Girls wore poodle skirts in the fifties, I tell him.
A large white Poodle is occupying a chair in this dining room. The Poodle sits quietly beside an elderly French woman.
Dogs at the table are something I can live without, he says. It's kind of traditional here in France, right?
I'm spooning in the most incredible soup. Cream of sorrel. I almost want to order another bowl. I love this soup so much, I say.
It's wonderful, he says. But leave room for the duck.
I will, I say scraping the bowl quietly.
He raises an eyebrow. I tell him that he has supersonic hearing.
It's amazing I can hear at all, he says.
I know he means the rock bands. They are so incredibly loud. He is a maker and shaker of rock bands. He has to wear ear plugs when scouting new bands or will eventually lose his hearing.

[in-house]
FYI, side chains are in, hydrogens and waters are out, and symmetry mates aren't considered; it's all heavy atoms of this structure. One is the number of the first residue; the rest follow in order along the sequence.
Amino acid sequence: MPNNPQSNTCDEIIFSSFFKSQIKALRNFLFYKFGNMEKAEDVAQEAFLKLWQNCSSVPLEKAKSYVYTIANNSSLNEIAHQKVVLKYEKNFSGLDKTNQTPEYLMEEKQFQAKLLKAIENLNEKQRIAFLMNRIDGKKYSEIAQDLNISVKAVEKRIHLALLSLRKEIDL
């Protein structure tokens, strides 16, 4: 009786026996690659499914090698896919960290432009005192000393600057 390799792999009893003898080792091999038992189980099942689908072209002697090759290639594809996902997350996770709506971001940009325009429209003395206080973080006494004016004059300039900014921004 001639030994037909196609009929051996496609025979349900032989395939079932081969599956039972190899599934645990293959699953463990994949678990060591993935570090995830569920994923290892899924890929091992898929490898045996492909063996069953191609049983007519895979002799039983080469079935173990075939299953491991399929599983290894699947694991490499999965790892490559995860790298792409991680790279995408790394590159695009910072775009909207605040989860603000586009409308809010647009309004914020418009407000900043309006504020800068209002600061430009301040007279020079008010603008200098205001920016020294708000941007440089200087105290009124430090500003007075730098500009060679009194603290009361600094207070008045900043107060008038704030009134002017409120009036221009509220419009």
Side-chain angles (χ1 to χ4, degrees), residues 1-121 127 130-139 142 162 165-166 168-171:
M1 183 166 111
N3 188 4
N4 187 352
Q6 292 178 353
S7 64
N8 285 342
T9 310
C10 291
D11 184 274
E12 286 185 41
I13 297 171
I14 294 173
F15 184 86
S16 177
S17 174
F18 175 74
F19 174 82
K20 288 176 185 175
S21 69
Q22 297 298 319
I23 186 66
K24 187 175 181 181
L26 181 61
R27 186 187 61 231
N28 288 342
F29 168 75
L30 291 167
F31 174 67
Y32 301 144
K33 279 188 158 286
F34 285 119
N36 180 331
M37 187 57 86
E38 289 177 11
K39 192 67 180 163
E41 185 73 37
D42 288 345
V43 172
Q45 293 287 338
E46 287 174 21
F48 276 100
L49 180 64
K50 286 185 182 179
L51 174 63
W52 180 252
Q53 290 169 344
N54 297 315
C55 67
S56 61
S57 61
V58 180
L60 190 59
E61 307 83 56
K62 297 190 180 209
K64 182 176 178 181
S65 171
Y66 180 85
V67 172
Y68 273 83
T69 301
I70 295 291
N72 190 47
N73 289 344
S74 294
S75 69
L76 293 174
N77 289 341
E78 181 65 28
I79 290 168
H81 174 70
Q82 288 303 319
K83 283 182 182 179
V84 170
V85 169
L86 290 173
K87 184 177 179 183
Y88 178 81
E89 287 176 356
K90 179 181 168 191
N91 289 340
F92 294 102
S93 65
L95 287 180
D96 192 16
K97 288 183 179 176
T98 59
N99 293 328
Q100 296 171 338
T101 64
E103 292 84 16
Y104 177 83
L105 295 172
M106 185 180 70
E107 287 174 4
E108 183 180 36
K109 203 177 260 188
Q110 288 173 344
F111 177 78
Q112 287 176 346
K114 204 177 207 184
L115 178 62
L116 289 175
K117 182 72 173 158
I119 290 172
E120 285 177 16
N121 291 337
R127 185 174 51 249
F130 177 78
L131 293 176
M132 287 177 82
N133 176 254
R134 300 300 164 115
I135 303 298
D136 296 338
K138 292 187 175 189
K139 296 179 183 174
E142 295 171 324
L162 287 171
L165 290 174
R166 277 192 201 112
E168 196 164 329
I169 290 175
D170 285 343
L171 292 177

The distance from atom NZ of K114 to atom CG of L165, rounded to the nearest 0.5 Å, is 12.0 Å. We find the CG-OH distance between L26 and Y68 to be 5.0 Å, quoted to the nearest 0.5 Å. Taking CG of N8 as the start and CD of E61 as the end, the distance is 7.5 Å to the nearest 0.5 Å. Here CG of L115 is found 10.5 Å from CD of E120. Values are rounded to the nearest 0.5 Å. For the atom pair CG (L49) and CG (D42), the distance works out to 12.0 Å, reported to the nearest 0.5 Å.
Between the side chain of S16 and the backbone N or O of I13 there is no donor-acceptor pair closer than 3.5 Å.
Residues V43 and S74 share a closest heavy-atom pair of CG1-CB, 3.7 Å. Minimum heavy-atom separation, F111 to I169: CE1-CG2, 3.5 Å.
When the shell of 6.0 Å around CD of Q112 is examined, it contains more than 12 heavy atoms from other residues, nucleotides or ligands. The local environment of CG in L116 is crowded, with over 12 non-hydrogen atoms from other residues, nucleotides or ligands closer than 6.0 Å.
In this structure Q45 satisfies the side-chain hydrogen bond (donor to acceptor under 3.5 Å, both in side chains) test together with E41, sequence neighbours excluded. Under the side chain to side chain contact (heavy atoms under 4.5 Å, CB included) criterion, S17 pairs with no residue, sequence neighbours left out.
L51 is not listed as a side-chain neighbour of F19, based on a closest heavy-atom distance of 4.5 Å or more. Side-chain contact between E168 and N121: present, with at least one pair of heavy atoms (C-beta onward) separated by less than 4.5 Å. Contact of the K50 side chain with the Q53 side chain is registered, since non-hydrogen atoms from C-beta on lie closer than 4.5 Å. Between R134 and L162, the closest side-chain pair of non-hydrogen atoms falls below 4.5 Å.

It's one of the downsides of my business, he likes to say.
Of course there are the upsides, I'd like to say. You weren't the one cleaning planes a week ago.
A week ago I was cleaning planes at JFK. Our whole management team was cleaning planes because the real cleaners went on strike. They call us management but we are really their dogs. Poodles in our demure business suits, we are called upon to fill in whenever there is a strike.
Besides cleaning planes, I have answered phones in reservations, worked as a stewardess, driven the biffy truck under the planes to empty the toilets, and painted yellow lines on the tarmac. And once I stood in front of a 707, as it taxied in, waving my arms to indicate where it should park on the ramp.
But I don't say any of this. What's the point? It's not his fault any more than the Poodle's fault that it's here in the dining room; annoying him. It's not his fault he has a great life, and that mine is, well mine.